Directed by Claudia Weill
Reviewed by Sander Gusinow
Theatre Reviews Limit
It’s Doubt meets Lolita in Nate Rufus Edleman’s pontifical comedy The Belle of Belfast, currently at the Irish Repertory Theatre. Anne, a seventeen-year-old girl living in Belfast during the violent Troubles, falls in love with Ben, a dashing young(ish) priest. Initially he resists, but when Anne shows up at his parish soaked through from the rain and teary over her parent’s bombing death, Ben gives in to his carnal impulses, and hijinks ensue. Sort of.
If you’re looking for a show with more uses of the word ‘Fek’ per minute than anything else Off-Broadway, look no further. That said, Edelman’s play doesn’t soar to the heights of its literary predecessors. While the playfully vulgar repartee brings to mind a less bloodthirsty Martin McDonagh, Edelman’s play sufferers from an identity crisis. Just when you think Belfast is going to be an irreverent comedy, it drops the humor and becomes a meditation on religious violence. Just when you think it’s a meditation on religious violence, it drops the fervor and becomes a coming-of-age story. With only ninety minutes of runtime, entire scenes that feel unnecessary, and one too many sentimental Irish folksongs, Belle never quite picks up steam.
But it’s not for lack of trying. Director Claudia Weill crafts the scenes with pitch-perfect intensity. She directs the play with the violent passion and morose nihilism needed to capture the essence The Troubles. The cast is fantastic, despite the characters’ tendency towards one-notedness. Billy Meleday gives a standout performances as Dermott, an old, impassioned priest with a hatred of protestants and an unquenchable thirst for whiskey. Arielle Hoffman gives an endearing portrait of Ciara, Anne’s timid best friend who endures Anne’s chiding because Anne’s the only one who seems to notice her.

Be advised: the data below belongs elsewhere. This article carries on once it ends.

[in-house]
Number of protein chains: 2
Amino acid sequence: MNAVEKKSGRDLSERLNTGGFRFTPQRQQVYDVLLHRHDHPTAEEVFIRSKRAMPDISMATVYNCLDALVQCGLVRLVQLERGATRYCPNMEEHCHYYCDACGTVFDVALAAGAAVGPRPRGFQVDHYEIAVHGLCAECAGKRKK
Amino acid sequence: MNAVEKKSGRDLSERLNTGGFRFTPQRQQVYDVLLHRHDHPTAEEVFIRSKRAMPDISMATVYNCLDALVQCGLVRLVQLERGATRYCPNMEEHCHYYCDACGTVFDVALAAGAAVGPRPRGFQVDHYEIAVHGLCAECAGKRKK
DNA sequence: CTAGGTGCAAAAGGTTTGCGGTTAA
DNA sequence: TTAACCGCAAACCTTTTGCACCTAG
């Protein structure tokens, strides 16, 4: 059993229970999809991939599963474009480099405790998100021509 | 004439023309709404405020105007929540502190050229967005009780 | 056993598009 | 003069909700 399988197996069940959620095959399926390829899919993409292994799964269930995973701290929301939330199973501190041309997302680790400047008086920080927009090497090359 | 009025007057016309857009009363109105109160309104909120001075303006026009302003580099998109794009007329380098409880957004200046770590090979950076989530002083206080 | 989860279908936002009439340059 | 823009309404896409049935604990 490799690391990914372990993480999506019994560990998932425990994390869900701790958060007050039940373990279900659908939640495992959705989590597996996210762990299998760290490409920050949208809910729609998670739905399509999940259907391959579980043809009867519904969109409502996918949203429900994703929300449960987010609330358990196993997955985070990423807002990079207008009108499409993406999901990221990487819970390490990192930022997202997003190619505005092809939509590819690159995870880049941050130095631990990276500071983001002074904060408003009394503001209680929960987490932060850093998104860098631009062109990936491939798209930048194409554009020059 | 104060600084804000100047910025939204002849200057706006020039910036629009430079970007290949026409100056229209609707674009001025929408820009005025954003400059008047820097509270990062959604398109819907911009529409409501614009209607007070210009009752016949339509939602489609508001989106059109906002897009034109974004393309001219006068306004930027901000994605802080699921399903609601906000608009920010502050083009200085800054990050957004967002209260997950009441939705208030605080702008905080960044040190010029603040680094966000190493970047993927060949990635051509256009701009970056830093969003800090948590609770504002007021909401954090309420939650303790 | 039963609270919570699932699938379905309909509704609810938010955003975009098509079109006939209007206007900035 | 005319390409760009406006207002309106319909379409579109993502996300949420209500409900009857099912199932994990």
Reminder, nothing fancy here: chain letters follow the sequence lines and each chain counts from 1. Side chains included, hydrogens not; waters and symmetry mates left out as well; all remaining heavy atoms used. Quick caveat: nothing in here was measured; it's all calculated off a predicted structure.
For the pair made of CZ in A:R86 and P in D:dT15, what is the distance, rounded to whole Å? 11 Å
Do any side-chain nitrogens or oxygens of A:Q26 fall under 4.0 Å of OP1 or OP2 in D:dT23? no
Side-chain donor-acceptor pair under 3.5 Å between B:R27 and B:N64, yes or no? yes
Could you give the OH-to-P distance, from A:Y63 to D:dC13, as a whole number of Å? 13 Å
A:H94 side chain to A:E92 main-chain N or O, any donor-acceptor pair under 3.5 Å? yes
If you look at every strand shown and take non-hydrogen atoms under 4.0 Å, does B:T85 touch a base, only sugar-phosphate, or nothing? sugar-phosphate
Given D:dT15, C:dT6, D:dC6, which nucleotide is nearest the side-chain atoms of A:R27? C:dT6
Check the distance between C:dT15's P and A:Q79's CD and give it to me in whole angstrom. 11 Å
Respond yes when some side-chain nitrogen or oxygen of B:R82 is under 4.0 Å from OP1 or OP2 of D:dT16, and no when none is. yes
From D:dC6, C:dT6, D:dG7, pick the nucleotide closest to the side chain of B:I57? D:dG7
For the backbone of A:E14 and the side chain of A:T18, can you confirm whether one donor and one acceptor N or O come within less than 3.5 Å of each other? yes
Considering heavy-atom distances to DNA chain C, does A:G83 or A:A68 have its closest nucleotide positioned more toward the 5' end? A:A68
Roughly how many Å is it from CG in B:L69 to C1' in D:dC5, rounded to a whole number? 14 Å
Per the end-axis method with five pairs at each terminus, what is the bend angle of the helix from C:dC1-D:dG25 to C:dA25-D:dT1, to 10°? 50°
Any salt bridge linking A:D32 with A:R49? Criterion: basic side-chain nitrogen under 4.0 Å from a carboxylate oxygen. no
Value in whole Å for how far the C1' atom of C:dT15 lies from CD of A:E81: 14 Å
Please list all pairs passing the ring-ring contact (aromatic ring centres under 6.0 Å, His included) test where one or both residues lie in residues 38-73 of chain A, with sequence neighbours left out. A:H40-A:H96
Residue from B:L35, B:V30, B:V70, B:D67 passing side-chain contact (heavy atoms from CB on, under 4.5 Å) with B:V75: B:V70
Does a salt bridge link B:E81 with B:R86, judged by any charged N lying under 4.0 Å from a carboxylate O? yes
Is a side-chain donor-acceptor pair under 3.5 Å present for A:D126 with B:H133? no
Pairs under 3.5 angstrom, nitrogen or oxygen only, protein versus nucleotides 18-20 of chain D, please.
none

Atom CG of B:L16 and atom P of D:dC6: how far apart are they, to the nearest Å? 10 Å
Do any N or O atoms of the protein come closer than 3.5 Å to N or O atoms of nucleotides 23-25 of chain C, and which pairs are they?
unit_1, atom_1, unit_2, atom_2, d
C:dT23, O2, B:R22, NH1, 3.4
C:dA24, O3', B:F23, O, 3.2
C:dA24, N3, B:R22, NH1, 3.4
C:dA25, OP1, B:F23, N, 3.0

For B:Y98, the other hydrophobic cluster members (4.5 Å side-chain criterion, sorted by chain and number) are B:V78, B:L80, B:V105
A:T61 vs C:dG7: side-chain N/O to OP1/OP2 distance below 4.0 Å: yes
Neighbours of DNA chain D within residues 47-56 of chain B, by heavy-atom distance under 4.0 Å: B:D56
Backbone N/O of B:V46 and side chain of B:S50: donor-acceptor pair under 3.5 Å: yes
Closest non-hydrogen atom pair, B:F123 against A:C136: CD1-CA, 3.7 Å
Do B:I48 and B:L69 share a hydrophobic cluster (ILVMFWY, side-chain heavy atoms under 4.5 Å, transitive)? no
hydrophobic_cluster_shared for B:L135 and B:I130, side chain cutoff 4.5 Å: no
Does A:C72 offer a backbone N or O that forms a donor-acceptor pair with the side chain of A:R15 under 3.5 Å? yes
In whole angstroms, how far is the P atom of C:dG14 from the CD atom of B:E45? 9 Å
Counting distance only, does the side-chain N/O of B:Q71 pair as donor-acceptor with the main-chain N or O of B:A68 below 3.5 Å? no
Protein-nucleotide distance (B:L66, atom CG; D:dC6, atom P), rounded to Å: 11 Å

Hammish Allan-Headley and Kate Lydic are effortlessly believable as Ben and Anne, but they don’t have the right chemistry as the star-crossed lovers. There’s something about their romance that feels particularly out of place. For all the taboo-breaking fun of their relationship, they’re missing that hot-and-bothered quality. It’s almost as if sleeping with Anne is just another one of Father Ben’s many acts of charity.
And in the end, it’s all a bit too easy. Anne gets what she wants from Ben, but doesn’t fight very hard to keep him. Ben has a moment of weakness with Anne, but he’s far too resolute to even contemplate giving anything up for her. Although it’s a great bit of fun at the beginning, ultimately The Belle of Belfast can’t make us give a fek.